Remembering God’s Instructions: Preparation for Memorization

21 Mar

Following God’s instructions isn’t just about having heard His words, but about remembering them. More than that, it’s about being so familiar with them that you can both automatically put them into practice and help others who don’t know how. This type of familiarity doesn’t come from a quick perusal of the Bible, but from the intentional devotion of time and attention. It requires discipline and hard work. It requires genuine study. And it requires a plan.

Of all the Spiritual disciplines, few will serve you as well in the workplace (or anywhere else, for that matter) as the art of memorization. This goes beyond a vague recollection of what God said. It goes straight to the heart. In Psalm 119:11, the psalmist declares, “Thy word have I hid in mine heart, that I might not sin against thee.” (NASB) That’s exactly the familiarity that believers today ought to seek.

While Scripture Memory can be both challenging and, on occasion, intimidating, the time invested is never wasted. This week, we’ll share a few tips to get you started.

  1. The Bible is a big book and every page is packed with useful advice, but some passages will be more relevant to you and your present situation than others; these are the verses which you’ll want to commit to memory. To find them, keep your eyes open for passages which stand out to you while doing your daily devotions or do an internet search for verses about topics which particularly interest you. You may even want to ask family members and friends to share a few of their favorites.
  2. If you decide to memorize full passages of Scripture, take it one verse at a time. The goal here isn’t to demonstrate your amazing mental skill, but to truly commit God’s Word to your heart. Remember, you eat an elephant one bite at a time.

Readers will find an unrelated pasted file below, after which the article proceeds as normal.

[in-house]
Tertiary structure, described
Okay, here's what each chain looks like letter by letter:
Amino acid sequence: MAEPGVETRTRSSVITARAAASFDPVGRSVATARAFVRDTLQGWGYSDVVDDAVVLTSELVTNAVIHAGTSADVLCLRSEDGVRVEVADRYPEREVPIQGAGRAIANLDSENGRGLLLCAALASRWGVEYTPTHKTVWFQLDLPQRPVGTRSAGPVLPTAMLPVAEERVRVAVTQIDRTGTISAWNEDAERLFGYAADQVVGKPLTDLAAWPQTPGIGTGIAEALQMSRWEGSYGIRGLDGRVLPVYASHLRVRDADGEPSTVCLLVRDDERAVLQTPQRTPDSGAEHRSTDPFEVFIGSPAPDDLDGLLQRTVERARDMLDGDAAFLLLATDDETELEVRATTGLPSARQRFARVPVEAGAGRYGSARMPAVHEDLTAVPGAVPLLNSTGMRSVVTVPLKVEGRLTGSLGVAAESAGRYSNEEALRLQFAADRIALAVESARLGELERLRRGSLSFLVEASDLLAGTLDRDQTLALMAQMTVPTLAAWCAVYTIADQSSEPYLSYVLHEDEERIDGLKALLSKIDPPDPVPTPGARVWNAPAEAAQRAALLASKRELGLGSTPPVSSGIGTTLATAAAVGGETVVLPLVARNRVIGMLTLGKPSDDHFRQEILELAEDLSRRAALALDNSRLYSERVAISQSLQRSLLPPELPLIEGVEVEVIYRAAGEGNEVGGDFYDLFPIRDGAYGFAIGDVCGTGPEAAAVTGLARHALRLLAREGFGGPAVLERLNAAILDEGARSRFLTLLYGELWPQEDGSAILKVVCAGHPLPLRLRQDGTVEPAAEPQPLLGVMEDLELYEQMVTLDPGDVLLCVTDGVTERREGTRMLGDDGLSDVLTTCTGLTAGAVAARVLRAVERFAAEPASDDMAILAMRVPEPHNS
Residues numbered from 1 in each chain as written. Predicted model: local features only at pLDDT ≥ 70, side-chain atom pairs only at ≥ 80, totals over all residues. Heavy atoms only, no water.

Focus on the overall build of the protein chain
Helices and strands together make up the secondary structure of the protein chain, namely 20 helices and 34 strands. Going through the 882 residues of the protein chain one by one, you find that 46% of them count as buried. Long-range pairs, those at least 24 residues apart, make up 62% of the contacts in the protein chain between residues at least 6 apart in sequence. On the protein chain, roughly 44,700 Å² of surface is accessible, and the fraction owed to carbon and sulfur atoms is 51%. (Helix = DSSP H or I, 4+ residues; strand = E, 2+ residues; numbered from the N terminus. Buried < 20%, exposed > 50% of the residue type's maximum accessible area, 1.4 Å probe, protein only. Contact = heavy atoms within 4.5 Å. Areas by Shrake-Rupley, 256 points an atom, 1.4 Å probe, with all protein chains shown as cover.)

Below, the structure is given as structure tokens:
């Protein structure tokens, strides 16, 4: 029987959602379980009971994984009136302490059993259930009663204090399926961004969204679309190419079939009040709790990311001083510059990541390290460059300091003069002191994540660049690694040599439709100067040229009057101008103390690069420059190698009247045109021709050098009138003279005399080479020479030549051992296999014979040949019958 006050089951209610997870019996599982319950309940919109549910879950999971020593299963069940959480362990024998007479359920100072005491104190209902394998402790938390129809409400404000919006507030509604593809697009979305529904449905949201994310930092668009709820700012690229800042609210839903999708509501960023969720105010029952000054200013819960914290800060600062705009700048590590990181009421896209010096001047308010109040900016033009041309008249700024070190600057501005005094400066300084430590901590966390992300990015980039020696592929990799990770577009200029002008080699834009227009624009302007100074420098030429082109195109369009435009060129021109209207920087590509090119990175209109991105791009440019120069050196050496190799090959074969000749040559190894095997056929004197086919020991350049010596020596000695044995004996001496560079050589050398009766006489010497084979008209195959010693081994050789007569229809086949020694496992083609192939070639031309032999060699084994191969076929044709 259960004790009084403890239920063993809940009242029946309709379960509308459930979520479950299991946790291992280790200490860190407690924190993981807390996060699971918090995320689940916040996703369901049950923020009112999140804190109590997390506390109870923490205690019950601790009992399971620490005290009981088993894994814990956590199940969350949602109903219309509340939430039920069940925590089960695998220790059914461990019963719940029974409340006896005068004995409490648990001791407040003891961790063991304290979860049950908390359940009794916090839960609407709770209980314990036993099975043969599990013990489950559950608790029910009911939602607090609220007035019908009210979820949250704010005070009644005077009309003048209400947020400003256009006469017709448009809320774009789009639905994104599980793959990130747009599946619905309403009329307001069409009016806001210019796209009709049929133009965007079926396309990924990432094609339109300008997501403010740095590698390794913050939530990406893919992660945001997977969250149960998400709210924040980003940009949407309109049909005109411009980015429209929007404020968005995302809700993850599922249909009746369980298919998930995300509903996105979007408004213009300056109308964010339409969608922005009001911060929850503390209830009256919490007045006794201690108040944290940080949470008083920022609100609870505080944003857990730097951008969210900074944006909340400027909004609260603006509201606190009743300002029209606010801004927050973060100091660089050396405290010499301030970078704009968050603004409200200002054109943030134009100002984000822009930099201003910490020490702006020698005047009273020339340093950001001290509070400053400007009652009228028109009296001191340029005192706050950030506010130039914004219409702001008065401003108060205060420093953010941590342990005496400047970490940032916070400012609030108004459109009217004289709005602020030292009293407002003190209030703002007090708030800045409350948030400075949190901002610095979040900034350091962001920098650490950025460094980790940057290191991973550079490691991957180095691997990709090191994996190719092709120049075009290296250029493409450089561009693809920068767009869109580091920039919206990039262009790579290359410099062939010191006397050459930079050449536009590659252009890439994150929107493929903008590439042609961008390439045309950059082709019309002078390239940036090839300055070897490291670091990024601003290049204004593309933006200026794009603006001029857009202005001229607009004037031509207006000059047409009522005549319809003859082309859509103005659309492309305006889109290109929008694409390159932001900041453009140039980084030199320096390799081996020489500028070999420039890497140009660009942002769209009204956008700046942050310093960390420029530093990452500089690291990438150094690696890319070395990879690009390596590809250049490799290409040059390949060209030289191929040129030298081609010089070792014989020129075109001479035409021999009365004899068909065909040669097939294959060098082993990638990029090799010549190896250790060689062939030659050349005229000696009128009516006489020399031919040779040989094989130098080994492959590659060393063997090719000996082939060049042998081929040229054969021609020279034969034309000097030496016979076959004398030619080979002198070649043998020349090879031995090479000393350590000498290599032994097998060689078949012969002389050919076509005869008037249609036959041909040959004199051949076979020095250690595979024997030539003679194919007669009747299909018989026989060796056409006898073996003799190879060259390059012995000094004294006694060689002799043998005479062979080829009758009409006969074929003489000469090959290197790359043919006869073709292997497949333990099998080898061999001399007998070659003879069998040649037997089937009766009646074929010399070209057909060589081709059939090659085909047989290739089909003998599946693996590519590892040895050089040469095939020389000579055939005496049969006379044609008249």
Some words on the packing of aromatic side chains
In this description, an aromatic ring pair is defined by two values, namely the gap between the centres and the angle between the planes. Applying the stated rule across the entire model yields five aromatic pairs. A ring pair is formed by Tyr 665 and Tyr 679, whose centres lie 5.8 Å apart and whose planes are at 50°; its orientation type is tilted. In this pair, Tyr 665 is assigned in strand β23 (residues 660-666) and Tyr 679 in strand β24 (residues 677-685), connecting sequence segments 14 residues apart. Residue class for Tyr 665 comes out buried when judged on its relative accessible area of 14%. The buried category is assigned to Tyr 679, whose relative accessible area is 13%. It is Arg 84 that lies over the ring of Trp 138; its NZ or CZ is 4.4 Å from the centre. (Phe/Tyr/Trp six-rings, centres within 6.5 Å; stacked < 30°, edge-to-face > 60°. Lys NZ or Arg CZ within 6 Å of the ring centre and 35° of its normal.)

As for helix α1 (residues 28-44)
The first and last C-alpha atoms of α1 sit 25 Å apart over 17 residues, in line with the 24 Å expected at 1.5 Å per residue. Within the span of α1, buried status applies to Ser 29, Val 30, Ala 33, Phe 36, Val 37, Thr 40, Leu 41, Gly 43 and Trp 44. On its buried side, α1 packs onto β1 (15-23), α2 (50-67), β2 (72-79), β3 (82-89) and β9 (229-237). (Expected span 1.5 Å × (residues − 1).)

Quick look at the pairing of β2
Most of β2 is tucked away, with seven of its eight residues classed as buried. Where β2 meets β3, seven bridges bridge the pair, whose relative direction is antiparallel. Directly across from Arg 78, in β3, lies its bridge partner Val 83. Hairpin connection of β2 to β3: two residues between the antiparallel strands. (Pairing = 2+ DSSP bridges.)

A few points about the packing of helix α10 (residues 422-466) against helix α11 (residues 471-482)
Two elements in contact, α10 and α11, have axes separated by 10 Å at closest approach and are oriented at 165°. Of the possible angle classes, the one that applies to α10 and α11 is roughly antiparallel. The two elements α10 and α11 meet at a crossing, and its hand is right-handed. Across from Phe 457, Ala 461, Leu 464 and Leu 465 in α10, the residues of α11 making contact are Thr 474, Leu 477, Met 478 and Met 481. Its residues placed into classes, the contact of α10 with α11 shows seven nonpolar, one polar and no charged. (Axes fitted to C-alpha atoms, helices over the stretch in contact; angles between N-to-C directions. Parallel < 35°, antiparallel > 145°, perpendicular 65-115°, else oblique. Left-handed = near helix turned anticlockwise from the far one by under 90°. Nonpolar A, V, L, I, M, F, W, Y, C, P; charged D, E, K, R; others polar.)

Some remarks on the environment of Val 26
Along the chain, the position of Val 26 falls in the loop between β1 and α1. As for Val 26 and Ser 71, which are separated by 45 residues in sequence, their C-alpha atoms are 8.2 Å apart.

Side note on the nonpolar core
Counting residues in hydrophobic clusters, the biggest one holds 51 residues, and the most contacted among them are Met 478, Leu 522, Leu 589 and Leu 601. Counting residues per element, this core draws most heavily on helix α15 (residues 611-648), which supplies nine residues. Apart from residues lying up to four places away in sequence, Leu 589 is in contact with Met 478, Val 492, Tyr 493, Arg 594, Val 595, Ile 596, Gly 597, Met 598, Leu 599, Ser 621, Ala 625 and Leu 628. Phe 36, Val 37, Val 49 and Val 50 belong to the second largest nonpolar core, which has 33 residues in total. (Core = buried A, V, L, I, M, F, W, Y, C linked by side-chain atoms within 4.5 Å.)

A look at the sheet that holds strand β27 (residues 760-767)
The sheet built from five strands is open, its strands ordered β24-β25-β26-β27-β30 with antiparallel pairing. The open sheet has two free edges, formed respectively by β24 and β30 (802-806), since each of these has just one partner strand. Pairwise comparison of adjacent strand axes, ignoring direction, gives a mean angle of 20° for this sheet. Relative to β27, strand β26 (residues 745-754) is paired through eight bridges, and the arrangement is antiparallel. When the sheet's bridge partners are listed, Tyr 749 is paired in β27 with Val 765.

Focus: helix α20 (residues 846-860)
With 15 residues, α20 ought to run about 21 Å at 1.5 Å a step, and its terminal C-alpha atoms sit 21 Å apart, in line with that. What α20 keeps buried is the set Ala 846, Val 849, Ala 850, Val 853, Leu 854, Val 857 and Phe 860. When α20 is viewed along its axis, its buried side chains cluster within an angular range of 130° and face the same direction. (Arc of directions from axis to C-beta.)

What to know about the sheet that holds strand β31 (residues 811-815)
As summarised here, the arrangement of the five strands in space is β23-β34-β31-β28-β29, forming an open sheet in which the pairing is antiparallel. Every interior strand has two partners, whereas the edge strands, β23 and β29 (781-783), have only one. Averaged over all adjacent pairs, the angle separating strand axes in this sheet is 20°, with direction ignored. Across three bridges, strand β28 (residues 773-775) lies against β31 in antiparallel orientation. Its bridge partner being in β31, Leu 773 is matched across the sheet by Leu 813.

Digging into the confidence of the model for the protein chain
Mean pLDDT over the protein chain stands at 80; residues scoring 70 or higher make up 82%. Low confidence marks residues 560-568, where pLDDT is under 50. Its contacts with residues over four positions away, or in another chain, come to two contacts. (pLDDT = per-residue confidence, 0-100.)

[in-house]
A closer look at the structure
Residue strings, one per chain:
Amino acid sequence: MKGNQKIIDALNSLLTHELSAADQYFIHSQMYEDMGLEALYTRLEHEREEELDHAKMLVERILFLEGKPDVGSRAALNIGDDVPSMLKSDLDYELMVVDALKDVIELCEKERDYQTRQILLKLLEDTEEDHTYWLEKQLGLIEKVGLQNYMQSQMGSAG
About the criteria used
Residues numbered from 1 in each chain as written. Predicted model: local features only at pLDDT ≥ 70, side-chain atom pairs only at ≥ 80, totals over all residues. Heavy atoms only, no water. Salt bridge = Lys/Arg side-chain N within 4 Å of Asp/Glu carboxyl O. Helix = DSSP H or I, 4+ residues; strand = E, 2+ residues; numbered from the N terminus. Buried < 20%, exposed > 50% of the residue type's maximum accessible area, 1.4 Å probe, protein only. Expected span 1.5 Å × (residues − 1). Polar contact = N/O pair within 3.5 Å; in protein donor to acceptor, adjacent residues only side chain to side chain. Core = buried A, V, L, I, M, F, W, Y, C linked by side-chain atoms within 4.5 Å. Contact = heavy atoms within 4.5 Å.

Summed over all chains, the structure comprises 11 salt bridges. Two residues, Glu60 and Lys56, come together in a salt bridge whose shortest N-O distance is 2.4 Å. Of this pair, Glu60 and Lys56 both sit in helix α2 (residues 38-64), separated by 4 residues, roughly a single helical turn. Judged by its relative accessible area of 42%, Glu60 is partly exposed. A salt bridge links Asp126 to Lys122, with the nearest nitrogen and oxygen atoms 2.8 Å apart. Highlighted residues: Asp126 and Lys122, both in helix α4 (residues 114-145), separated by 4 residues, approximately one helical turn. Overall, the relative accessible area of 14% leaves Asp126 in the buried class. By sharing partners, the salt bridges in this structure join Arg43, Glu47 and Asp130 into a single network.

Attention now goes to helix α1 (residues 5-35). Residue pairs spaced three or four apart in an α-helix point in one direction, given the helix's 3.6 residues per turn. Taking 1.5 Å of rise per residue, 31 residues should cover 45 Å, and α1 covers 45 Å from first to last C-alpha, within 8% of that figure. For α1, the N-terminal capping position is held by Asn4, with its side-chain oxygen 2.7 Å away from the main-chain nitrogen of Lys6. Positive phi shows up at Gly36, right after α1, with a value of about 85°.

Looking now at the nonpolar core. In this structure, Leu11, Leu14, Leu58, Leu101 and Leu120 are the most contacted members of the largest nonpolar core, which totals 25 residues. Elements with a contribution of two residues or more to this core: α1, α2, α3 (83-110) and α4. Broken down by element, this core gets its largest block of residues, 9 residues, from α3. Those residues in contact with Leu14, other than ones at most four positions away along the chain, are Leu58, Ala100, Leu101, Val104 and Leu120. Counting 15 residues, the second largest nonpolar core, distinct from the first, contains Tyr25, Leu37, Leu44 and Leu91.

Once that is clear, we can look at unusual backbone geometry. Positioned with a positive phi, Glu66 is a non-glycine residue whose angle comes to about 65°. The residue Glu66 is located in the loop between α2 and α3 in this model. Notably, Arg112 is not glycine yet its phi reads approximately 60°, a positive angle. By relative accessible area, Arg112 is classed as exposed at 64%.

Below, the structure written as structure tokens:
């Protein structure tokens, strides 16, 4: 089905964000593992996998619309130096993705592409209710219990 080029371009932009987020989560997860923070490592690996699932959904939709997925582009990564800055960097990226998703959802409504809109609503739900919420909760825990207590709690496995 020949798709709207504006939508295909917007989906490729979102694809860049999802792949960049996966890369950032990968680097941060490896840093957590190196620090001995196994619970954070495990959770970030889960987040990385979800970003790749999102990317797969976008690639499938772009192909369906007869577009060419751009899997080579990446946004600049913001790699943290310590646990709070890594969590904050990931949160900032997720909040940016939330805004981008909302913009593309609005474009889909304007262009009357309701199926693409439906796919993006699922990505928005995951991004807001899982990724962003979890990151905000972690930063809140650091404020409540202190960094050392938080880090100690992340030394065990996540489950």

3. Pick a translation that speaks to your heart and stick to it. Not all of us respond the same way to the poetic strains of the King James Version or the down-to-earth text of the New International Version… and that’s O.K. Select a translation that is easy for you to remember.
  4. Put your verses where you’ll see them. As with your Bible reading, if you don’t ever see your memory verses, you’re probably going to forget to work on them; keep your work in a visible location where you’re guaranteed to stumble across it on a regular basis. This could be a bathroom mirror, inside your cereal cabinet, taped to your computer monitor, or even inside of your Bible as a bookmark. If one location doesn’t work, shift to another until you find one that does.

These tips, of course, only cover the “what” of memorization. They give you thoughts to consider as you prepare to embark upon your journey. Next week, we’ll take a look at the “how” and offer some practical advice which will make memorization (in any context) a bit easier. Meanwhile, feel free to share how you chose what to memorize in the comment box below!

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